Your interactive family guide to France as recommended by local mums | Last updated 3 months ago

Interviews

Doula Floraine

"Women have complex needs during childbirth and the weeks that follow. In addition to medical care and the love and companionship provided by their partners, women need consistent, continuous reassurance, comfort, encouragement and respect. They need individualized care based on their circumstances and preferences. A doula is prepared to provide physical (non-medical), emotional and informational support to women and their partners during labor and birth, as well as to families in the weeks following childbirth. They offer a loving touch, positioning and comfort measures that make childbearing women and families feel nurtured and cared for." (May 2011)

  • What is the "normal" procedure in terms of check ups and scans for pregnant women in France?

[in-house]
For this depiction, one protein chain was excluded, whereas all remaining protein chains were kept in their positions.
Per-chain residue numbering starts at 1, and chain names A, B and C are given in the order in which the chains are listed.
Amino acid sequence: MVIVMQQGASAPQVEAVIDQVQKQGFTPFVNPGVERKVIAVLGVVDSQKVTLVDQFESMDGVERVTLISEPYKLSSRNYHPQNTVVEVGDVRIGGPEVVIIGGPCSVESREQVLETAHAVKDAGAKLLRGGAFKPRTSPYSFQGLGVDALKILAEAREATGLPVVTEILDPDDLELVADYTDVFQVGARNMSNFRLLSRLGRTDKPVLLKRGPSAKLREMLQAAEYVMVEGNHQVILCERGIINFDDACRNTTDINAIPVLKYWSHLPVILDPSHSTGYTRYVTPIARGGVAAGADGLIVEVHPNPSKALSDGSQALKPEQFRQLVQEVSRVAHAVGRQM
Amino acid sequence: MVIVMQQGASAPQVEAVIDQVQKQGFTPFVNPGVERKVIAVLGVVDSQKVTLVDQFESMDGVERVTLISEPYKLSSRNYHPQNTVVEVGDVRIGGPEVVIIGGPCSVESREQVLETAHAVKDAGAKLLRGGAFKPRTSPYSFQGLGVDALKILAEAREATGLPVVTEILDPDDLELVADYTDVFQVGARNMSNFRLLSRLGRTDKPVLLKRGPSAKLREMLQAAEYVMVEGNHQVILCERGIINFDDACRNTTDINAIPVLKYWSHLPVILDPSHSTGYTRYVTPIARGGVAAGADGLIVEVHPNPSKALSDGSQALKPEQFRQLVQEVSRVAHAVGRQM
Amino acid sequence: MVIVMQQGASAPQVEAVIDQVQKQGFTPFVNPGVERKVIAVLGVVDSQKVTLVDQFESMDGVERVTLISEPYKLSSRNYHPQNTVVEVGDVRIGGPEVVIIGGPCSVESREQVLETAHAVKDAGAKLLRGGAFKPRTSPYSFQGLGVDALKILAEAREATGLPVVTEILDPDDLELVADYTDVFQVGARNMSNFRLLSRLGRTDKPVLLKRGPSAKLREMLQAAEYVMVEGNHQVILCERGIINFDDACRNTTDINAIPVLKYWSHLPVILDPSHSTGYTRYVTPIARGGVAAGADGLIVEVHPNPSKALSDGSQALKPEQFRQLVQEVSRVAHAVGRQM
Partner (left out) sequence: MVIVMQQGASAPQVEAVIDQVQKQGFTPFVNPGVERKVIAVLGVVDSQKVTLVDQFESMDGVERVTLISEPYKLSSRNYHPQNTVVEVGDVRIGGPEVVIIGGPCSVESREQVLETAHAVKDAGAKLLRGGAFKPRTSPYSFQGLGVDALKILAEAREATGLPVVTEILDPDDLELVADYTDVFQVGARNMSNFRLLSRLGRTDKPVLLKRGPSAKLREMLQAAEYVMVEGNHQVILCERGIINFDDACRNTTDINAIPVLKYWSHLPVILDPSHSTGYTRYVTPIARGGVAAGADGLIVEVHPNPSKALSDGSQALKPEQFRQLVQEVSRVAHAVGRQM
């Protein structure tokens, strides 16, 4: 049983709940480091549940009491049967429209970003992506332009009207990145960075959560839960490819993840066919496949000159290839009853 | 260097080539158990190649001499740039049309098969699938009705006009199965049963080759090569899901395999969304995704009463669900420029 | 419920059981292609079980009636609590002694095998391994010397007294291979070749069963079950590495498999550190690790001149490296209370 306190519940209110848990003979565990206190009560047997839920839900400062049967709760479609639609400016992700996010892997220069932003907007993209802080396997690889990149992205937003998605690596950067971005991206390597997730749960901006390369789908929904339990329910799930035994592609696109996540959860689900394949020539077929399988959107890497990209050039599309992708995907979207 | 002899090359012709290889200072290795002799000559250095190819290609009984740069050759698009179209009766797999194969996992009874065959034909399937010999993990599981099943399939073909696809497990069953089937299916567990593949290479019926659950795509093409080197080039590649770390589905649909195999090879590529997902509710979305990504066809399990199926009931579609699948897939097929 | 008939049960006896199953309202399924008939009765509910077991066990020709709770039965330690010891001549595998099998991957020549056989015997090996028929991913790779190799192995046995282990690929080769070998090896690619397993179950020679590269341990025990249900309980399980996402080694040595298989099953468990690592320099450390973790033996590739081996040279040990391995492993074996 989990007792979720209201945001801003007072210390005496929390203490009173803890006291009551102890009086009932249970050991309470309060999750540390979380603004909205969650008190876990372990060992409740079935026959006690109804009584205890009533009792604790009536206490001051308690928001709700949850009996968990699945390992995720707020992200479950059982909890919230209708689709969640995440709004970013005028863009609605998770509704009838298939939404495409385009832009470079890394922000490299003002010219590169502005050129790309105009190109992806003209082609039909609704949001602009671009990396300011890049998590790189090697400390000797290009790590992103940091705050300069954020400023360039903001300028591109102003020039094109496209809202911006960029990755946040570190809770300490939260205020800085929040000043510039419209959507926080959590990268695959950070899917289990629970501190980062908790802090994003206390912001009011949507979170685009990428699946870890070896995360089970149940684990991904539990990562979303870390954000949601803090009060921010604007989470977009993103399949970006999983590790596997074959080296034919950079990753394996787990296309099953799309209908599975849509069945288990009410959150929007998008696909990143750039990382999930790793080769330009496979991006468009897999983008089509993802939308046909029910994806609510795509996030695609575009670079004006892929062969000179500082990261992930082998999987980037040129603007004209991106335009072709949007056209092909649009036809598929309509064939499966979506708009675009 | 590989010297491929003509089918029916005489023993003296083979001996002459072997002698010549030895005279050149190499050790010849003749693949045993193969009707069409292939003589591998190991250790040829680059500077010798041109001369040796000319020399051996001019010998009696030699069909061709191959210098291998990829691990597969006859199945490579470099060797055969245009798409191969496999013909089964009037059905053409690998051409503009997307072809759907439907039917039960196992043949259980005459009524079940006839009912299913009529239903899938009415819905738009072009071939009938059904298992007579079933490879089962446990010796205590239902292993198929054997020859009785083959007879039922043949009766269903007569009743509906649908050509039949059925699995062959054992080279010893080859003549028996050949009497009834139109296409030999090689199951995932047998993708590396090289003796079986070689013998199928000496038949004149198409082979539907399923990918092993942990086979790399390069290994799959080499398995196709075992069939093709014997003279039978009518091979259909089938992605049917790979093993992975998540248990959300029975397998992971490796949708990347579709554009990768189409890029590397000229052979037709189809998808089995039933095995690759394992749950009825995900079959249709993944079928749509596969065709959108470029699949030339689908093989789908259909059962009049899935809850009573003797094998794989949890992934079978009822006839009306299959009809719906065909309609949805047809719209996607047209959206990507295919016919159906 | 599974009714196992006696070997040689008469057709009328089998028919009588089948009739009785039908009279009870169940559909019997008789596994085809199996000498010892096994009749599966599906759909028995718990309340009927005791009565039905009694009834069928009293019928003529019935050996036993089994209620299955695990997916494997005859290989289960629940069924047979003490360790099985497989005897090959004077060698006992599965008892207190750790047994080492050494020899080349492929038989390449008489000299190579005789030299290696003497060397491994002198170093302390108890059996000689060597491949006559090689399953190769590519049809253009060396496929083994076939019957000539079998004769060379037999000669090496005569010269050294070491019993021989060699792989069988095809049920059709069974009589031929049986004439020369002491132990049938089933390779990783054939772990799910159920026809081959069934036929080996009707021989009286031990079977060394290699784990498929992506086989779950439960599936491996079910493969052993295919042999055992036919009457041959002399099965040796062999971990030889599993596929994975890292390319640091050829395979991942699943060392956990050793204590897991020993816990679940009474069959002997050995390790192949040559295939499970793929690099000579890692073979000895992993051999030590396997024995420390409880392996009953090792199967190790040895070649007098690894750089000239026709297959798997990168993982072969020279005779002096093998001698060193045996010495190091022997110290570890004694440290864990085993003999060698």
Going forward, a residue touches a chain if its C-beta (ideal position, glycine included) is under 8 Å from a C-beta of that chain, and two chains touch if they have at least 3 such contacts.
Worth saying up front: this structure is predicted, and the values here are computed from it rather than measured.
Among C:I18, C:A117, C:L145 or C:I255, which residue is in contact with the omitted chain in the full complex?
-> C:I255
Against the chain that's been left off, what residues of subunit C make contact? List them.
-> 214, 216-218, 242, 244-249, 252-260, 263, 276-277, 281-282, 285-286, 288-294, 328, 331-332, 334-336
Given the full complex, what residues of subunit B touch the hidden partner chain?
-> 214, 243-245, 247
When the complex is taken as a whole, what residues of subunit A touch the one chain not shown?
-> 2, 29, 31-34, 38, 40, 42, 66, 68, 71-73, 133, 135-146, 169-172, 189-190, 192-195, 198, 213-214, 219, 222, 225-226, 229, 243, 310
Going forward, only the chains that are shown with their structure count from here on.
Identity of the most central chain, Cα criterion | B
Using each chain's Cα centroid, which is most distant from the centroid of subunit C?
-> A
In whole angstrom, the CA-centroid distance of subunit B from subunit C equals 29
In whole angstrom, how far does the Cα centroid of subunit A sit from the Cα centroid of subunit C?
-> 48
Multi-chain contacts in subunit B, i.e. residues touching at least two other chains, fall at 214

In France, you have to let the social security know that you are pregnant within 3 months. Then once a month, you need to do a check up to a midwife or a gynecologist. Legally, in order to get the government support (CAF) you have to do 3 scans (one during each trimester)

    When do women need to choose their hospitals?
    Until the last trimester there is no real need to choose.

    Are they guaranteed a hospital of their choice or are they given a hospital as assigned by their gynecologist?
    For public hospitals, the procedure is really simple. If you are followed by a gynecologist, you will have to choose the (private) clinic where he is practicing. Otherwise, you will have to do the other way around : choose the clinic and then a gynecologist that practise there.

    Do your services differ from the French system in any way?
    The doulas are not yet recognized in France. We are not practicing in the medical area. We are not trained for that. We are supporting the couples in the emotional side and with information... We are not replacing midwives/gynecologists but completing the team around the pregnancy.